This review may contain spoilers. I can handle the truth.
Travis McClain’s review published on Letterboxd:
This review may contain spoilers.
It wasn't really intentional that I should follow In the Realm of the Senses, a Japanese film set in 1936, with Hitori musuko [The Only Son], a Japanese film made in 1936. Rather, I came to discover that I could knock out three of the few remaining checklist items for my Criterion Challenge if I watched this and its companion piece, There Was a Father.
Watching The Only Son in 2012 is nearly surreal. It's as timely now as it ever was, which is frankly discouraging. Otsune is a working poor widow pressured into sacrificing even more of herself to scrape up the money to send her son, Ryosuke, to school. She's made to see that without an education, her son will never have a chance to better himself and certainly not if he remains in their quaint, dead-end town.
However, when we catch up to Ryosuke as an adult, we discover that for all her sacrificing and all his hard work, he's no better off than he would have been otherwise. He's a night-time teacher, living in what could charitably be described as a dump with his sweet wife, Sugiko, and their infant son.
We watch as he scrounges to put on airs to impress his mother, trying to wow her with the hustle and bustle of Tokyo. He borrows money from colleagues to effectively rent some status symbols to validate his mother's investment in him. She sees through the charade, however, and more importantly - these are not things that she values. It means nothing to her to watch a talkie film.
It's simultaneously amusing and deflating to see the cliche of the struggling academic living off ramen noodles dating as far back as this film, but sure enough Ryosuke buys three bowls of it for dinner one night, trying to impress his mother that things are just fine. It's not only his mother, though; it's Ryosuke himself who feels disappointment and shame at not having lived up to his end of the bargain: to become "a great man."
How familiar is it to hear Ryosuke's frustration that all his hard work means nothing? That he had already tried to make it, only to be stymied by an economy that shut out so many that success is a bottleneck in which scant few really have even a chance? That he's just one of millions to see their ambitions and talents dashed on the shoals of an indifferent economy? The only way it could be timelier is if Ryosuke still had massive student loan debt and a medical condition.
It isn't until Otsune sees her son forfeit borrowed money to help his neighbor after her son is injured by a horse that she is comforted. Finally, this is something she recognizes and values. Though she has defied his capitulation to circumstance, arguing that he's still young and that he is wrong to give up on himself now, she is able to return home confident that her son has, indeed, turned out well. She discusses him with her coworker, and we can tell she's trying to put a nice spin on his circumstances and her visit, but when she reflects on who he is, rather than where he is, we recognize genuine maternal pride.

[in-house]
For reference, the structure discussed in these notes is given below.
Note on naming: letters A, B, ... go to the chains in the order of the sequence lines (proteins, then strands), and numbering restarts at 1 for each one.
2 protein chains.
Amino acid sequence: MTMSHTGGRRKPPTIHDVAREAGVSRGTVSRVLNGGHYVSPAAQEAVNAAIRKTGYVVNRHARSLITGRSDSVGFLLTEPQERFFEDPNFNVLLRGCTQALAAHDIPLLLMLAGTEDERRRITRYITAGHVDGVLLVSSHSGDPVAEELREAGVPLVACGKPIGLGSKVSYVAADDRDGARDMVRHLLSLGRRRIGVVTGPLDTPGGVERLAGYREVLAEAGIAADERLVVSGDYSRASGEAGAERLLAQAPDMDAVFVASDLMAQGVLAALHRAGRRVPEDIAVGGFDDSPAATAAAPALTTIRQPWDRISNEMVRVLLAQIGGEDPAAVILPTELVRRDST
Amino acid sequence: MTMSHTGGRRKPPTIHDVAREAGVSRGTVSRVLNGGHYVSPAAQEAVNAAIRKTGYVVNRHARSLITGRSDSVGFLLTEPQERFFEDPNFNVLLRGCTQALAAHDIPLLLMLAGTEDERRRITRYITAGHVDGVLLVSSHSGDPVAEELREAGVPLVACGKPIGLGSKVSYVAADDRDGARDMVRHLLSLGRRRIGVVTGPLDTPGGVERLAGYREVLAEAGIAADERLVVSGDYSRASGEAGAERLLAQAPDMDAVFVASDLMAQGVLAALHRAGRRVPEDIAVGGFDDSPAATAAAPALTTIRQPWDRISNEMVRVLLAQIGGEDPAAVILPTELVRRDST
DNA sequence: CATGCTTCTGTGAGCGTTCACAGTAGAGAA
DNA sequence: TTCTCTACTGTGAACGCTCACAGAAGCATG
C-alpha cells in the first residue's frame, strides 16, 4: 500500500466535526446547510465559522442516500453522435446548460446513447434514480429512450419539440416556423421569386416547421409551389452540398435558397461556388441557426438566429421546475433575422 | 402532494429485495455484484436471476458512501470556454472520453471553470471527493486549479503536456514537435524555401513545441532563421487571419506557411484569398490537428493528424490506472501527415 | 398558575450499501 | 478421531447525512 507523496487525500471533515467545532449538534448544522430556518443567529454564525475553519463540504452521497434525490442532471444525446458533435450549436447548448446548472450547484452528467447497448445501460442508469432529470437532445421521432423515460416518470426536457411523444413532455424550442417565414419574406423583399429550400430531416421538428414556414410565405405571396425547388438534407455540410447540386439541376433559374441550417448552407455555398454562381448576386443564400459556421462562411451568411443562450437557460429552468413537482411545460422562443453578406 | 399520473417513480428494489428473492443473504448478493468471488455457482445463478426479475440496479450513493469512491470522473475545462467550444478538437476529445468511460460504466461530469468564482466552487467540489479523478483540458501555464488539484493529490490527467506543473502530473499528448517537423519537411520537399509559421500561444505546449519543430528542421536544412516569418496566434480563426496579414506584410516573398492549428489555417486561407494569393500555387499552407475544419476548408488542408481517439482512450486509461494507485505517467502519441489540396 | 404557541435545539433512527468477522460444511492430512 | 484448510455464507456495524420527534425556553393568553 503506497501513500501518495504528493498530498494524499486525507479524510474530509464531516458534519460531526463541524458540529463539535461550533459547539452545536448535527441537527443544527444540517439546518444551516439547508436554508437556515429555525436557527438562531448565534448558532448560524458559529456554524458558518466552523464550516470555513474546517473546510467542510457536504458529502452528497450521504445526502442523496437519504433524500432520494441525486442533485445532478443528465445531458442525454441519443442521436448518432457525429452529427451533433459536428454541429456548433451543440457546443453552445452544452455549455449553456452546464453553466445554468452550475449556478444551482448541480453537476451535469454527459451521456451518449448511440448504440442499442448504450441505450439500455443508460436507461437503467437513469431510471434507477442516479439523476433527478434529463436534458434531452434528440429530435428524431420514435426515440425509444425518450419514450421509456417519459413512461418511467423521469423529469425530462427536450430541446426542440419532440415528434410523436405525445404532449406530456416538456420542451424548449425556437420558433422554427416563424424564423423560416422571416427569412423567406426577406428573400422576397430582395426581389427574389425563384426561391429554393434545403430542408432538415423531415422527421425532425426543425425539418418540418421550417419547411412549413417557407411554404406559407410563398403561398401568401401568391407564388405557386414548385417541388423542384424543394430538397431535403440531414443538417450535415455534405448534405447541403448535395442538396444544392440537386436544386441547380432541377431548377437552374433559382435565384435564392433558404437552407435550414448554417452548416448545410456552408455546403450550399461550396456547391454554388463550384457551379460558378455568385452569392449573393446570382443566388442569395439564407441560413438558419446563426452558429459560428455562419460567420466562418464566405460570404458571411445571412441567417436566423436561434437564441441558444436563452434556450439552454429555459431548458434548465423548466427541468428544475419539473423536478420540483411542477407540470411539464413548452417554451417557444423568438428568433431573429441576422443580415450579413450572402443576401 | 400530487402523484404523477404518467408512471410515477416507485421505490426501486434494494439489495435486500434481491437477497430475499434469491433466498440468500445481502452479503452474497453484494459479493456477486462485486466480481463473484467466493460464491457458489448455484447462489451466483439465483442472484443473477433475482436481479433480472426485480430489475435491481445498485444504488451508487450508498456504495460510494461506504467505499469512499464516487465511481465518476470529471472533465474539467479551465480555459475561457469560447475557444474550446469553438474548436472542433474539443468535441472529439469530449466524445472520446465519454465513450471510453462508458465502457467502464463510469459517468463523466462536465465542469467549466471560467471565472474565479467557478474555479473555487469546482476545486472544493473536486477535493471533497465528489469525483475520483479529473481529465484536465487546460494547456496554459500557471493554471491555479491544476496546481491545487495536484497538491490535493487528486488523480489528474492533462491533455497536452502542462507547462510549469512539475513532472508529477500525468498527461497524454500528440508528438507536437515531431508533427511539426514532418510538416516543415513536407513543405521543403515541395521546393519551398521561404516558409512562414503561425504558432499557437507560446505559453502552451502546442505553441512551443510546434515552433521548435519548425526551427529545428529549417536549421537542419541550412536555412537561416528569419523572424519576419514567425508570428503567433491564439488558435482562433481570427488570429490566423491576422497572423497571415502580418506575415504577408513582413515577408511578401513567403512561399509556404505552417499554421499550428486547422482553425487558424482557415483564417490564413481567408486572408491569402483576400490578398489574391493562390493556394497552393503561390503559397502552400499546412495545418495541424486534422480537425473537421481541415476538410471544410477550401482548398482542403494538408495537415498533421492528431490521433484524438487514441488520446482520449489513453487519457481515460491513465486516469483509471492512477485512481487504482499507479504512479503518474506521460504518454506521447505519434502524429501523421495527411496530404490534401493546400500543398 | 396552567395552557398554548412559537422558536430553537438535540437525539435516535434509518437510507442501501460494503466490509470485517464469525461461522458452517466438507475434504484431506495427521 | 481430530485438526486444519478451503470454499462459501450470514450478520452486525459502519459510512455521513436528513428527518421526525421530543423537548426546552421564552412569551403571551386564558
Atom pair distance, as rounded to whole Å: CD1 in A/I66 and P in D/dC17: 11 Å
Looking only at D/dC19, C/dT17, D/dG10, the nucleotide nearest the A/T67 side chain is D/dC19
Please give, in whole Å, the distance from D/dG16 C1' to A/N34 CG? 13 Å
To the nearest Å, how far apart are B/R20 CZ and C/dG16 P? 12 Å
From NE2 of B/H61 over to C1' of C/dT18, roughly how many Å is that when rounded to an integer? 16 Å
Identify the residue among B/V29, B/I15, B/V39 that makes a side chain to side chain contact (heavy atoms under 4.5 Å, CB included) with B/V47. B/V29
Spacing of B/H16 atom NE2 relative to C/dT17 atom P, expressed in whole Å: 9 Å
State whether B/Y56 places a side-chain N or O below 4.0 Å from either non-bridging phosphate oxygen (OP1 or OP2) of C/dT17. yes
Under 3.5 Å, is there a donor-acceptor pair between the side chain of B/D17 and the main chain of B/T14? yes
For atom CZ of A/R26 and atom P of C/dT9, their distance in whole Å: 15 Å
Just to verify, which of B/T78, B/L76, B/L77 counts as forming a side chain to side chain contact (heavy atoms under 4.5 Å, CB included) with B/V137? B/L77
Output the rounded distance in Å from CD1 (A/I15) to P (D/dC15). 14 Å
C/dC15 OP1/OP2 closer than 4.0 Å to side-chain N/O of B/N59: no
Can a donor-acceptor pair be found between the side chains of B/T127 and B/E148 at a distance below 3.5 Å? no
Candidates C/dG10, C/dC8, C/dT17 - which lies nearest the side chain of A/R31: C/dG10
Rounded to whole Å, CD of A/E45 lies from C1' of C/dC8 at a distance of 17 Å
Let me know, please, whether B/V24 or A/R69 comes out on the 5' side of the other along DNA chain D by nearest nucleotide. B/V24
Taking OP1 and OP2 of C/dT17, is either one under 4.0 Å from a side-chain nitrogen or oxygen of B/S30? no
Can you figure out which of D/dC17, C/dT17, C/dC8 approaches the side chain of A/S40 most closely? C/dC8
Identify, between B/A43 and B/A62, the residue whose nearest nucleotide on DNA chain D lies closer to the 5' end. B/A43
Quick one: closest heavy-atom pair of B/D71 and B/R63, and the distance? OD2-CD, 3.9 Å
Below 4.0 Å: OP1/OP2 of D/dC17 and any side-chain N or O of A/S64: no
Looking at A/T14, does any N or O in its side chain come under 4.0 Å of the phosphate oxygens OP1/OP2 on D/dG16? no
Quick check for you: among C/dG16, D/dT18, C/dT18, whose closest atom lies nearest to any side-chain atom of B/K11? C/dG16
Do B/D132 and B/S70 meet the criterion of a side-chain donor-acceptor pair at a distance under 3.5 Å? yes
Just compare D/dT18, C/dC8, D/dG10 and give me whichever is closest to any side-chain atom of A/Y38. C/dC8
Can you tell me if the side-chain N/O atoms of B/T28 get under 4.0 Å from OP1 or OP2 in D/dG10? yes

So many stories about characters in similar straits devolve into the kind of "bootstraps" rhetoric that's as insulting as it is saccharine, but The Only Son nimbly avoids those pitfalls. We're left with Ryosuke resolved to go back to school and become a high school teacher, but we know it's going to be challenging. How will he even pay for it? How will they manage while he's in school? These questions are left unanswered. We've seen enough to know that this is not a happily-ever-after resolution.
Rather, what matters is that we see Ryosuke embraces the challenge. Each generation sacrifices to improve the chances of the next, and we see that while Ryosuke won't be the one in the family to "make it," he will continue the generations-long task and that maybe, just maybe, his son will get a fair roll of the dice.
How Hitori musuko [The Only Son] Entered My Flickchart
Hitori musuko [The Only Son] > Lifted --> #715
Hitori musuko [The Only Son] > Silent Hill --> #358
Hitori musuko [The Only Son] > The Horse's Mouth --> #179
Hitori musuko [The Only Son] < Catch Me If You Can --> #179
Hitori musuko [The Only Son] > The Ramen Girl --> #133
Hitori musuko [The Only Son] < Six Days, Seven Nights --> #133
Hitori musuko [The Only Son] < Tropic Thunder --> #133
Hitori musuko [The Only Son] < 28 Days Later --> #133
Hitori musuko [The Only Son] < The Rock --> #133
Hitori musuko [The Only Son] < Ansiktet [The Magician] --> #133
Hitori musuko [The Only Son] > The Professional --> #132
Hitori musuko [The Only Son] entered my Flickchart at #132/1429